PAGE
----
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Dog Stops Walking & Won't Move! Reasons & What to Do

Let's say you are out walking your dog, but they suddenly come to a halt and won't move, what could be the reason? In this blog post, our Milledgeville vets share some reasons why your dog may stop walking, and what you can do to get them moving again.

Why Your Dog Doesn't Want to Walk

Have you ever gone on a stroll with your dog and suddenly, they stop walking and won't move? This is a common question asked by dog pet owners, as it can be frustrating and hard to manage at times. This is especially true if you don't understand why they are stopping or know what to do about it.

Below, our Milledgeville vets share some reasons as to why your dog may not be walking as usual, and how you can get them back on track.

Joint Pain

Dogs may stop walking (or not want to walk at all) if they are experiencing long-term pain in their joints. Hip dysplasia and arthritis are common causes of joint pain, especially in senior dogs. These conditions can be quite painful for dogs, enough so that they may not even be in the mood to go for a walk. This means that it's important to recognize the signs and symptoms of joint pain, such as favoring one leg over the other when stopped or letting out a whimper or yelp before stopping. 

If you suspect your dog may be suffering from joint pain, call your vet and book an examination. Your vet will conduct a comprehensive wellness examination to determine the underlying cause and provide the appropriate treatment. 

Your Dog Has Been Injured

If your dog stops walking and won't move, it may be because they have suffered an injury of some sort. Your dog may not want to walk due to minor injuries, such as a hurt nail or paw pad, or something more serious, such as an open wound or a foreign object that has gotten stuck in a limb or other part of the body.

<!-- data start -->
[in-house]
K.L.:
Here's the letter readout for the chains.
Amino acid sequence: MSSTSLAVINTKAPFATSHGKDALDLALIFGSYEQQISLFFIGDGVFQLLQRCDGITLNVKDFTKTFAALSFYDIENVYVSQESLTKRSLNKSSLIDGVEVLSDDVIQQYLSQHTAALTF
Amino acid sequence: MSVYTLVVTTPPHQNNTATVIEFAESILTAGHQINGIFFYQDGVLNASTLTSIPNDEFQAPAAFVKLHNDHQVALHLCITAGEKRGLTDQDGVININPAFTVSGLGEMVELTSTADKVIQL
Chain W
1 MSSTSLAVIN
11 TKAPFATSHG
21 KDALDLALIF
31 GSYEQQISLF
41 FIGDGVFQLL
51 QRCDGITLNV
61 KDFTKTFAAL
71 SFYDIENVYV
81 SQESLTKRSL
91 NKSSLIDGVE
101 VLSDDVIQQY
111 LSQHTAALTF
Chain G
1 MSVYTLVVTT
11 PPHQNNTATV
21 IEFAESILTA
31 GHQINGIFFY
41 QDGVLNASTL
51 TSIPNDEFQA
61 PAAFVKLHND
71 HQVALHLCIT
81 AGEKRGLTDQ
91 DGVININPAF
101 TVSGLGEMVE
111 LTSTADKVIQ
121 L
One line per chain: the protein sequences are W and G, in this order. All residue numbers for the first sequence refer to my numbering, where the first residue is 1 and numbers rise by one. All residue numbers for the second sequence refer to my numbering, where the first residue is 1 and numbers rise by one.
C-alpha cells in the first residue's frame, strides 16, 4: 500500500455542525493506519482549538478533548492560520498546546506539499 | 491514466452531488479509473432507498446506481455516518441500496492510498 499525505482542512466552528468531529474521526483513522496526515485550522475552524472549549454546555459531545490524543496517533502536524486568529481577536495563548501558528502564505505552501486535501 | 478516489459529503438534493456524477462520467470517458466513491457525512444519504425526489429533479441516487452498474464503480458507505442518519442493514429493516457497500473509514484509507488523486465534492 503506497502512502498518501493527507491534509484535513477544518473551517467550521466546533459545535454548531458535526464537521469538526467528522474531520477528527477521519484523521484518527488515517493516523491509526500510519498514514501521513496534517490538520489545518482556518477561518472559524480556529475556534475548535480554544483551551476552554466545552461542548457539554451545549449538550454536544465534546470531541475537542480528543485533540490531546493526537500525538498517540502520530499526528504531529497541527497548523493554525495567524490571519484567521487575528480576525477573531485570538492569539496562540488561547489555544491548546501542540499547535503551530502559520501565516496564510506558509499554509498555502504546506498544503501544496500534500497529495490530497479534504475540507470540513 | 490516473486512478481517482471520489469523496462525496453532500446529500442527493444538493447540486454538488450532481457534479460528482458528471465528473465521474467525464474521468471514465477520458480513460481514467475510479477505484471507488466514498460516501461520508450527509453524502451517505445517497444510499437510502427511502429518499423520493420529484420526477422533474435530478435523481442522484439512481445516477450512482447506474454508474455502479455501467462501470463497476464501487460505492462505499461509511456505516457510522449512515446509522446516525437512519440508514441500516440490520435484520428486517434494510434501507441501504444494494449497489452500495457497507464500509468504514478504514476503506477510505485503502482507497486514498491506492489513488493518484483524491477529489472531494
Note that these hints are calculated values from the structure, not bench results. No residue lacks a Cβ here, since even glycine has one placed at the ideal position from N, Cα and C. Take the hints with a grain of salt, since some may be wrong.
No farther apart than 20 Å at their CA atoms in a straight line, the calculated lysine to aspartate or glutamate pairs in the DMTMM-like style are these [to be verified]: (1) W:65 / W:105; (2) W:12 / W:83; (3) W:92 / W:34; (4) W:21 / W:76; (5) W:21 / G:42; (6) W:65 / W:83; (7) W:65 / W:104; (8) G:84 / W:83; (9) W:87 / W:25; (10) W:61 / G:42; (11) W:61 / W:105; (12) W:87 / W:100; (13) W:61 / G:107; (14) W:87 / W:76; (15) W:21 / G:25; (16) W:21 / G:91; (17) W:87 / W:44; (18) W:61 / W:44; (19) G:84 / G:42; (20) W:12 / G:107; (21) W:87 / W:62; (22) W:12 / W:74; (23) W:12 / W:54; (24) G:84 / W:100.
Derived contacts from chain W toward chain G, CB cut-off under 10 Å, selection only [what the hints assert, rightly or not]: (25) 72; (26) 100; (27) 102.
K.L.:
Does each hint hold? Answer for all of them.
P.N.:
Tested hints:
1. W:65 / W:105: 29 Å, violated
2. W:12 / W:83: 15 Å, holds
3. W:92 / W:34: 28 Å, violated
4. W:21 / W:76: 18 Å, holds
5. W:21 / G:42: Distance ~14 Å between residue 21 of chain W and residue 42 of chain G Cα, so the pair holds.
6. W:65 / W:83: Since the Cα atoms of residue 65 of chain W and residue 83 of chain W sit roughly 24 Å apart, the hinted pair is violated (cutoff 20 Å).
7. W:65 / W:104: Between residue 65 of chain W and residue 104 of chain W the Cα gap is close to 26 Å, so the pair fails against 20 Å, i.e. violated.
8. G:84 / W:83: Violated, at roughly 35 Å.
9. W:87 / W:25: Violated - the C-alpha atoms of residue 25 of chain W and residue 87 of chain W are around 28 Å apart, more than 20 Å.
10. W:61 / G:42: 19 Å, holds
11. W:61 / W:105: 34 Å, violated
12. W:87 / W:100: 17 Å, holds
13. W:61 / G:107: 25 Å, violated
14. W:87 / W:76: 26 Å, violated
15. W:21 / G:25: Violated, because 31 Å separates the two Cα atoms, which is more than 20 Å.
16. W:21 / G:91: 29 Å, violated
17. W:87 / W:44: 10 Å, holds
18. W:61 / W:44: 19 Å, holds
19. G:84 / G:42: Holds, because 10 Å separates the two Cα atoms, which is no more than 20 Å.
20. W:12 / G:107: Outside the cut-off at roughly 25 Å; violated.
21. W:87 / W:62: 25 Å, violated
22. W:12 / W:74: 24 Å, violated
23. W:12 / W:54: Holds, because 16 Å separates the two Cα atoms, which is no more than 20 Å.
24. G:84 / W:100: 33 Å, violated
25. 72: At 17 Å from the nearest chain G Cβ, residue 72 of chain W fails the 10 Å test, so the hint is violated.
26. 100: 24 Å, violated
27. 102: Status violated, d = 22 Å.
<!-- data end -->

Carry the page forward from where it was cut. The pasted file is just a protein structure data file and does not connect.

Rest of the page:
If your dog appears to be injured, stop walking immediately and carefully examine their legs and paws for signs of injury.

If you're able to find the source of the wound, take pictures and call your vet to schedule an appointment. You'll likely be given first-aid instructions to follow. If you can't find the source of the injury, you still need to contact your vet to get advice and arrange an appointment. 

They Are Frightened

If a pooch is afraid of something in its surroundings, it may cause them to avoid the area altogether. Young puppies who are going through their fear period and adult dogs walking in an unfamiliar environment commonly experience this (especially if they have had recent trauma and/or are naturally anxious). 

If your dog is afraid of something, you may notice held-back ears, a crouched body posture, a tucked tail, and/or heavy or abnormal breathing. 

The first thing to do when addressing this issue is to identify their fear. This can include noises, a trash can, a sign, an unfamiliar scent, or another dog walking by. If the source is a specific smell or sight, you'll likely notice them stopping around the same place each time. 

Once you've discovered your dog's fear, you can start desensitizing your dog to the trigger (if it's safe) and help them build their confidence. While the precise steps needed to desensitize your dog can differ by the fear, here are some basic tips you can try out:

  • Determine the source of the fear and build resistance
  • Offer rewards (without rewarding negative behaviors)
  • Use commands to redirect your dog's attention